• Shelly Romine announced she is working on a possible service project for May.  We may be able to participate in some necessary painting at the House of Refuge.
  • Dan Coons reminded members to grab some of the bags for the homeless to take with them when they left to give to any homeless persons they might encounter in going about their business.
  • Jeane Crouse shared some special memories about a friend she had recently lost.  She saw him as a best friend a best father, a best craftsman, etc.  She said he was extremely talented when it came to design, building and repair, and he would gladly do those things for anyone who needed them.  For many years, she observed him with his children when they would come to her home for dinner where they would talk about the peaks and pits of each of their days and talk about how to turn negatives into positives.  The sadness she saw in his life was that while he loved intensively, his ability to verbalize his feelings was lacking.  This resulted in marriages that didn't work out.  She said when he came to visit her, his eyes were darting about looking for things that needed to be fixed.  When Jeane moved into her current home, when they were eating out one night with another friend, Jeane was complaining that her baking sheets would not fit in her new oven.  Steve, remembering how the new home was arranged said they could remove a post her, relocate a wall there, and make room for a new, larger stove.  The other friend excused himself saying he'd only be gone a few minutes.  When he came back, he was carrying a Target bag which contained smaller cookie sheets that would fit in the oven that came in Jeane's new home.  Jeane's friend Steve was Jim Schmidt's brother.  His first love was building.  In his memory, Jeane paid the first $250 installment of a $1,000 pledge to The Rotary Vocational Fund of Arizona.  She plans to donate $250 each year to celebrate Steve's birthday. Rest in Peace and God Bless Steve Schmidt.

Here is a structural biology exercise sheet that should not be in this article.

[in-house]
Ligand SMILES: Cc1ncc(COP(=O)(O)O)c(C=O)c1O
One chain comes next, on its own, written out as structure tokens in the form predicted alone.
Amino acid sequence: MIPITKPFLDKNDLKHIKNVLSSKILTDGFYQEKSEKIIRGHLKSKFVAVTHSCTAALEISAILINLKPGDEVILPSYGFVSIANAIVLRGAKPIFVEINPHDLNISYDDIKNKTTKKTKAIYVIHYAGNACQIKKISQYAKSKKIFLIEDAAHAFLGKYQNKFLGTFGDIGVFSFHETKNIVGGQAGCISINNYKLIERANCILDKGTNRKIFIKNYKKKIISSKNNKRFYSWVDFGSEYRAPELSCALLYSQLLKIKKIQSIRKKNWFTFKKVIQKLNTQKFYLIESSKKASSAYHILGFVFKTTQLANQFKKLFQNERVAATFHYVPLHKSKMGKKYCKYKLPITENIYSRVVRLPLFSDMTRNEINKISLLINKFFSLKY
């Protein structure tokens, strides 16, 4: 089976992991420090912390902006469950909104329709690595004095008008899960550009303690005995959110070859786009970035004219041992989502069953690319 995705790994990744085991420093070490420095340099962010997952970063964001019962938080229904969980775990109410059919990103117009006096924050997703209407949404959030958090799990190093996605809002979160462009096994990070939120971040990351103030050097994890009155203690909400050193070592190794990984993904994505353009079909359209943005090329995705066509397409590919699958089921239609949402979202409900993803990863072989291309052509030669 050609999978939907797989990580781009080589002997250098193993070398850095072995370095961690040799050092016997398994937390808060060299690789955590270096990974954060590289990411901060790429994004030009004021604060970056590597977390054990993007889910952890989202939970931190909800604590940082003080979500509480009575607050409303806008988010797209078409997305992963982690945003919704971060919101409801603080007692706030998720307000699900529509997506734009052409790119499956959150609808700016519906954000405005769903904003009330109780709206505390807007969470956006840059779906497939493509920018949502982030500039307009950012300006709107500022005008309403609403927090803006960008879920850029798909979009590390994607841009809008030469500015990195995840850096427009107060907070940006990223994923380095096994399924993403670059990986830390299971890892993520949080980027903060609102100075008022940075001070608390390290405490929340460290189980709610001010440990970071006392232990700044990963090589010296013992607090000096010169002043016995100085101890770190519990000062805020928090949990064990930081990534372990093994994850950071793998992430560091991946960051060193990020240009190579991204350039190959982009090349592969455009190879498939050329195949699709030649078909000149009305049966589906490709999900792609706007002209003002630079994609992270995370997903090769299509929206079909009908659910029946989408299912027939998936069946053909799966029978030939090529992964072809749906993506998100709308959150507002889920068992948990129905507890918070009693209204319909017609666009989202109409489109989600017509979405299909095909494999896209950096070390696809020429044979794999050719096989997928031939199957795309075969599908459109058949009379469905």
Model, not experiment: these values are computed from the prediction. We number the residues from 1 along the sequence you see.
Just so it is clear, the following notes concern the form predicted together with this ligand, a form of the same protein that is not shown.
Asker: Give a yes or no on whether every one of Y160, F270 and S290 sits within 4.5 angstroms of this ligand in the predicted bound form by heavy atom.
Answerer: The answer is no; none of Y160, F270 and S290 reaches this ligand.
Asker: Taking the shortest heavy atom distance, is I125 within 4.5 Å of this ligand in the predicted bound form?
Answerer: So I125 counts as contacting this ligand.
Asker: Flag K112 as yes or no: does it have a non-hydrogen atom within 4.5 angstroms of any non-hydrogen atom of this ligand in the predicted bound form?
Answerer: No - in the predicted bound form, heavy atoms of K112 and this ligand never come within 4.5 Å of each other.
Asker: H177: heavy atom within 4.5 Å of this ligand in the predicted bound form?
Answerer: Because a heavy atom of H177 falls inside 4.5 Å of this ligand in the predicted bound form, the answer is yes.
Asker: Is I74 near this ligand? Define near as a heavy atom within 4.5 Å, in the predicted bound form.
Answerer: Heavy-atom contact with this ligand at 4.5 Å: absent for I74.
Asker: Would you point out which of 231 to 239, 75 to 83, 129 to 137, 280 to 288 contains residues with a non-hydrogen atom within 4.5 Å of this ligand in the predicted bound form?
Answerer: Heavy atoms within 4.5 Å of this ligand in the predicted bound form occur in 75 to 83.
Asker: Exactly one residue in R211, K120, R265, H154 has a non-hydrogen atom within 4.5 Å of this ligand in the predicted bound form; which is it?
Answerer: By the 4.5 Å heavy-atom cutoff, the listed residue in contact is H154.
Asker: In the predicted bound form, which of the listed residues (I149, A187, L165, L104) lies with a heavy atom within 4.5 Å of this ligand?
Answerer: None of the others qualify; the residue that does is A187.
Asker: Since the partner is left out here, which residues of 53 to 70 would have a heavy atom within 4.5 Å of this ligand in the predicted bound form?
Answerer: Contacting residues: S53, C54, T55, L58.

Program - PDG Jim Erickson - His Driving Force - Polio
Jim said the time left for his program reminded him of his DG year when he would visit clubs where they would spend lots of time on their business and leave him five minutes to present his 45-minute program.
The year prior to his becoming District Governor in 2018-19, Jim said there were 22 cases of wild polio virus.  in 2018 that number went up to 33.  In 2019-20, there were 150-200 cases.  In the most recent District newsletter, it was stated that so far, through April, there have been only 2 cases of wild polio virus reported this year.  Africa was declared polio-free last year.  The only countries where cases have been reported in recent years are Pakistan and Afghanistan.  
Rotary began our commitment to end Polio in 1988.  Ending polio has been Jim's passion since he participated in immunization trips to India and Ghana.  For a country to be declared polio-free, there can be no cases of wild polio virus for a period of three years.  For the world to be declared polio-free, we will have to wait ten years after the last reported case.  There remains plenty of opportunity for Rotarians to participate in immunization projects.  As long as the wild polio virus exists anywhere, immunizations need to continue everywhere. 
Jim answered some questions about vaccine-derived cases of polio.  The oral polio vaccine contains a weakened virus which can cause these cases.  Each year, there are 300-400 such cases.  One reason the oral vaccine is used is that it is less expensive, but the primary reason is that it can be administered by lay people.  It would be virtually impossible to have enough certified healthcare professionals available to vaccinate the millions of children needing vaccinations each year if vaccination shots were being used.
In 1988, there were 350,000 cases of polio.  We've come a long way, but we cannot let up on the pressure or the passion until the world is finally declared polio free.